ChatGPT (or any Artificial Intelligence bot) and Your Medical Office

If you have computers in your office, you’re already encountering, and maybe unknowingly embracing, artificial intelligence (AI).  For example, as this article is being written, MS Word is actively prompting for what the next words will be.   Most search engines now have incorporated some version of AI into their search parameters to improve the quality of their searches.

Most of us have heard of ChatGPT (GPT stands for Generative Pre-Trained Transformer).  And many have tried it out.  At 2Ascribe, we’ve already had it write several articles for our website that will be posted soon (with some editing of course).  One of the challenges with using these large language models (LLM) in the workplace is to know what information your employees are sharing with these AI software.

Case in point, one executive downloaded his company’s strategic plan for the next five years and asked ChatGPT to create a PowerPoint presentation for him.  Needless to say, all that information is now in the public domain and available to his competitors.

If employees are asking it to research something for them, a medical condition or treatment for example, are they sharing any information that is patient identifiable, personal or proprietary to your medical practise?  Are you asking ChatGBT to write letters to insurance companies about specific patients and their medical conditions?  To create sick notes or employee physical reports to employers?

Because once that information is out there, it’s in the public domain.  In most jurisdictions, there is privacy legislation regarding protecting patient identifiable information.  Breaches of those legislations (federal, provincial and state), come with consequences.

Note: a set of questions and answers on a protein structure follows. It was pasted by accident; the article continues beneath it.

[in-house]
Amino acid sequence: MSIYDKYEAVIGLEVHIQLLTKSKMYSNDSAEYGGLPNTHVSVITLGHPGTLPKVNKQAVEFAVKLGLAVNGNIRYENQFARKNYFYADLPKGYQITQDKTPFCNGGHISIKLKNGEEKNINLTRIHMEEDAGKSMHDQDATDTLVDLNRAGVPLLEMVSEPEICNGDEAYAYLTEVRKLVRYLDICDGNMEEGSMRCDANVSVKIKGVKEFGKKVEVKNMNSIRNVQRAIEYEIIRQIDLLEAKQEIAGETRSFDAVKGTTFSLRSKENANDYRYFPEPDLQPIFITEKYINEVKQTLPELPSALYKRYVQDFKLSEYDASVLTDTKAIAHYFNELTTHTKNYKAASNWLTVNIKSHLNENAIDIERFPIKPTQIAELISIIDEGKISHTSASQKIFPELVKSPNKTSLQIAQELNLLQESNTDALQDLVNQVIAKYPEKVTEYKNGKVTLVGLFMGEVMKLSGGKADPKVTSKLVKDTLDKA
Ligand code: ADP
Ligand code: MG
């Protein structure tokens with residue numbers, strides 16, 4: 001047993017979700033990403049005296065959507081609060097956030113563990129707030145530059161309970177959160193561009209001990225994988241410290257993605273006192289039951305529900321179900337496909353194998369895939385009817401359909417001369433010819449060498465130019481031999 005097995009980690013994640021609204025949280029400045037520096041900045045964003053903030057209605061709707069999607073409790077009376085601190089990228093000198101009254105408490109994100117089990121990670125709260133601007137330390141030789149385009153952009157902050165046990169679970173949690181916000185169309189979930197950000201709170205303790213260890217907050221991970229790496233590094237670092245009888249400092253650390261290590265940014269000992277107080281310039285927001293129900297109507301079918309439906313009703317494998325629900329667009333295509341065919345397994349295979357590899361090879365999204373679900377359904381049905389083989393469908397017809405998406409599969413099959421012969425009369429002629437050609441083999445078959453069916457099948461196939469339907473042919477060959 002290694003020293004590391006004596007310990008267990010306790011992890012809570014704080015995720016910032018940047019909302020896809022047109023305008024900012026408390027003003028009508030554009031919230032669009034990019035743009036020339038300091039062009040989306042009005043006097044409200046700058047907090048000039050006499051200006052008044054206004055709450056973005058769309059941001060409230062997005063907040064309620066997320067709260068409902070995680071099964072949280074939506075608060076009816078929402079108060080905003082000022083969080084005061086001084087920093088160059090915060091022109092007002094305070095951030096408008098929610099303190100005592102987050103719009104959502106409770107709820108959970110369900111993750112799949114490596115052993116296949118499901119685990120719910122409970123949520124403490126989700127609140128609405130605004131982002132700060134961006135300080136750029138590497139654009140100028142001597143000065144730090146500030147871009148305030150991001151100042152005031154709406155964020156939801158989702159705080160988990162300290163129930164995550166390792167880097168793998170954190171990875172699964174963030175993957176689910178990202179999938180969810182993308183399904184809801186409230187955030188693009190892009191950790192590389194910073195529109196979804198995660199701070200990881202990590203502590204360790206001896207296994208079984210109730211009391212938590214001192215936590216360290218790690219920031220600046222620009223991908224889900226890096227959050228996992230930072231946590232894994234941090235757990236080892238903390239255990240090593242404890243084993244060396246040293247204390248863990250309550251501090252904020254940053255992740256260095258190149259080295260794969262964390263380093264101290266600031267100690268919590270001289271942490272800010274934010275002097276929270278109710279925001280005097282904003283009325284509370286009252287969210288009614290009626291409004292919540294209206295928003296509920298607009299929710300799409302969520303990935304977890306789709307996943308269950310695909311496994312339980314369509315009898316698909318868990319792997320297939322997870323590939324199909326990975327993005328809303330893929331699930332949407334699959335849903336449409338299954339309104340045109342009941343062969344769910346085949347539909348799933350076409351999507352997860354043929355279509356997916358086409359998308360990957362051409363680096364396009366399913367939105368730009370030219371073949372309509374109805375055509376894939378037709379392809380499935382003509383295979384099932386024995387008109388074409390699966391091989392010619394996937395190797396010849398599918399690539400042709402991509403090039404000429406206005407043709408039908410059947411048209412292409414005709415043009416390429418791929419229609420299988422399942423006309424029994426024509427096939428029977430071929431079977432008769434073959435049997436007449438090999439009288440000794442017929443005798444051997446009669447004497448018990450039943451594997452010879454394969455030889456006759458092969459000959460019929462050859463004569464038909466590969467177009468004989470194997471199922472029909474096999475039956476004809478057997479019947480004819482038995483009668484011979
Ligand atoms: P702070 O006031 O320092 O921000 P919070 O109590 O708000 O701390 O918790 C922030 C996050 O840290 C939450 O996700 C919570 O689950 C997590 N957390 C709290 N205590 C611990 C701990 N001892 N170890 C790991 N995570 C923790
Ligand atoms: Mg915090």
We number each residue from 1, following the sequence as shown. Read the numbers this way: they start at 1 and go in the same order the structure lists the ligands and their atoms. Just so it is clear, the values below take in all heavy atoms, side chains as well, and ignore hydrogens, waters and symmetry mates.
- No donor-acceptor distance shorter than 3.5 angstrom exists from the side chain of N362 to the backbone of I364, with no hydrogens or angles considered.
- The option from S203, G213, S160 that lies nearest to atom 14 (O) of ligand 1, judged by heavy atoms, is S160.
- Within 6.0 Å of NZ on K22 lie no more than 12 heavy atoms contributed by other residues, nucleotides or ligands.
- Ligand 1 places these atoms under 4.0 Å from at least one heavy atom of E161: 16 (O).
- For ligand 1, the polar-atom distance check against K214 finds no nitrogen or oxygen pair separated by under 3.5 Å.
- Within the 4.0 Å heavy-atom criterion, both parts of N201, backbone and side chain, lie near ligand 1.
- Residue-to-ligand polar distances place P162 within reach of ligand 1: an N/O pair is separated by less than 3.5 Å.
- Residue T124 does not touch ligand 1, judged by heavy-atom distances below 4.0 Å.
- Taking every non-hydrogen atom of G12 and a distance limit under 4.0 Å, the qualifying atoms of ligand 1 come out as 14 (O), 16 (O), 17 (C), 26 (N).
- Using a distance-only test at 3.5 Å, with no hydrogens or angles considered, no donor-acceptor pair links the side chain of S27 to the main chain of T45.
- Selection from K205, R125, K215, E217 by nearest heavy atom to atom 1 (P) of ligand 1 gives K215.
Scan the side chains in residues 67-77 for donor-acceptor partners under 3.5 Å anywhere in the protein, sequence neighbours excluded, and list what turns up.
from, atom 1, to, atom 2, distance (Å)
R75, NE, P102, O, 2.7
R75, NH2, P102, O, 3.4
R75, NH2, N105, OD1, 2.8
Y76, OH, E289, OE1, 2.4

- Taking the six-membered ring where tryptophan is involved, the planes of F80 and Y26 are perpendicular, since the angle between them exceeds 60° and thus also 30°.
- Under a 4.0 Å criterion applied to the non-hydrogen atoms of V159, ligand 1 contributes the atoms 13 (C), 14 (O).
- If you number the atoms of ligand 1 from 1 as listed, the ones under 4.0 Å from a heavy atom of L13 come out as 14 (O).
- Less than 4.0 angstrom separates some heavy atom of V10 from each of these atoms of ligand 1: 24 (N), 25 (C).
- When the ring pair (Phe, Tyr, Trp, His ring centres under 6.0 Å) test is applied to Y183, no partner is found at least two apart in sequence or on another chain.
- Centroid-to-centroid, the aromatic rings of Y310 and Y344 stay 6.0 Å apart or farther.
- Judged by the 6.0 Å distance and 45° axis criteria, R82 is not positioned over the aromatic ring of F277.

It’s important to understand, AI is not always right.  The answers are created to “feel correct” to us, as if we’re ‘talking’ to another person.  It can sound very sure and authoritative, but that does not mean the answers it provides are right, or they are even the best answers to your questions.    If you’re not sure about an answer, do some research to make sure the answer is at least reasonable.  And check some of your own references.

Educate your employees around the challenges and even dangers of providing any patient information or proprietary information to an AI bot.  For example, if you write a scientific paper to be published and ask ChatGPT to create the abstract, your paper may be found online before it’s published.

Many prominent figures in AI today are calling for a moratorium on how we use AI in our society, in our lives, and in our human interactions.  More on that in another post.


For more articles in the series on Artificial Intelligence, go to:

2Ascribe Inc. is a medical and dental transcription services agency located in Toronto, Ontario Canada, providing medical transcription services to physicians, specialists (including psychiatry, pain and IMEs), dentists, dental specialties, clinics and other healthcare providers across Canada. Our medical and dental transcriptionists take pride in the quality of your transcribed documents. WEBshuttle is our client interface portal for document management. 2Ascribe continues to implement and develop technology to assist and improve the transcription process for physicians, dentists and other healthcare providers, including AUTOfax. AUTOfax works within WEBshuttle to automatically send faxes to referring physicians and dentists when a document is e-signed by the healthcare professional. As a service to our clients and the healthcare industry, 2Ascribe offers articles of interest to physicians, dentists and other healthcare professionals, medical transcriptionists, dental transcriptionists and office staff, as well as of general interest. Additional articles may be found at  For more information on Canadian transcription services, dental transcription, medical transcription work or dictation options, please contact us at


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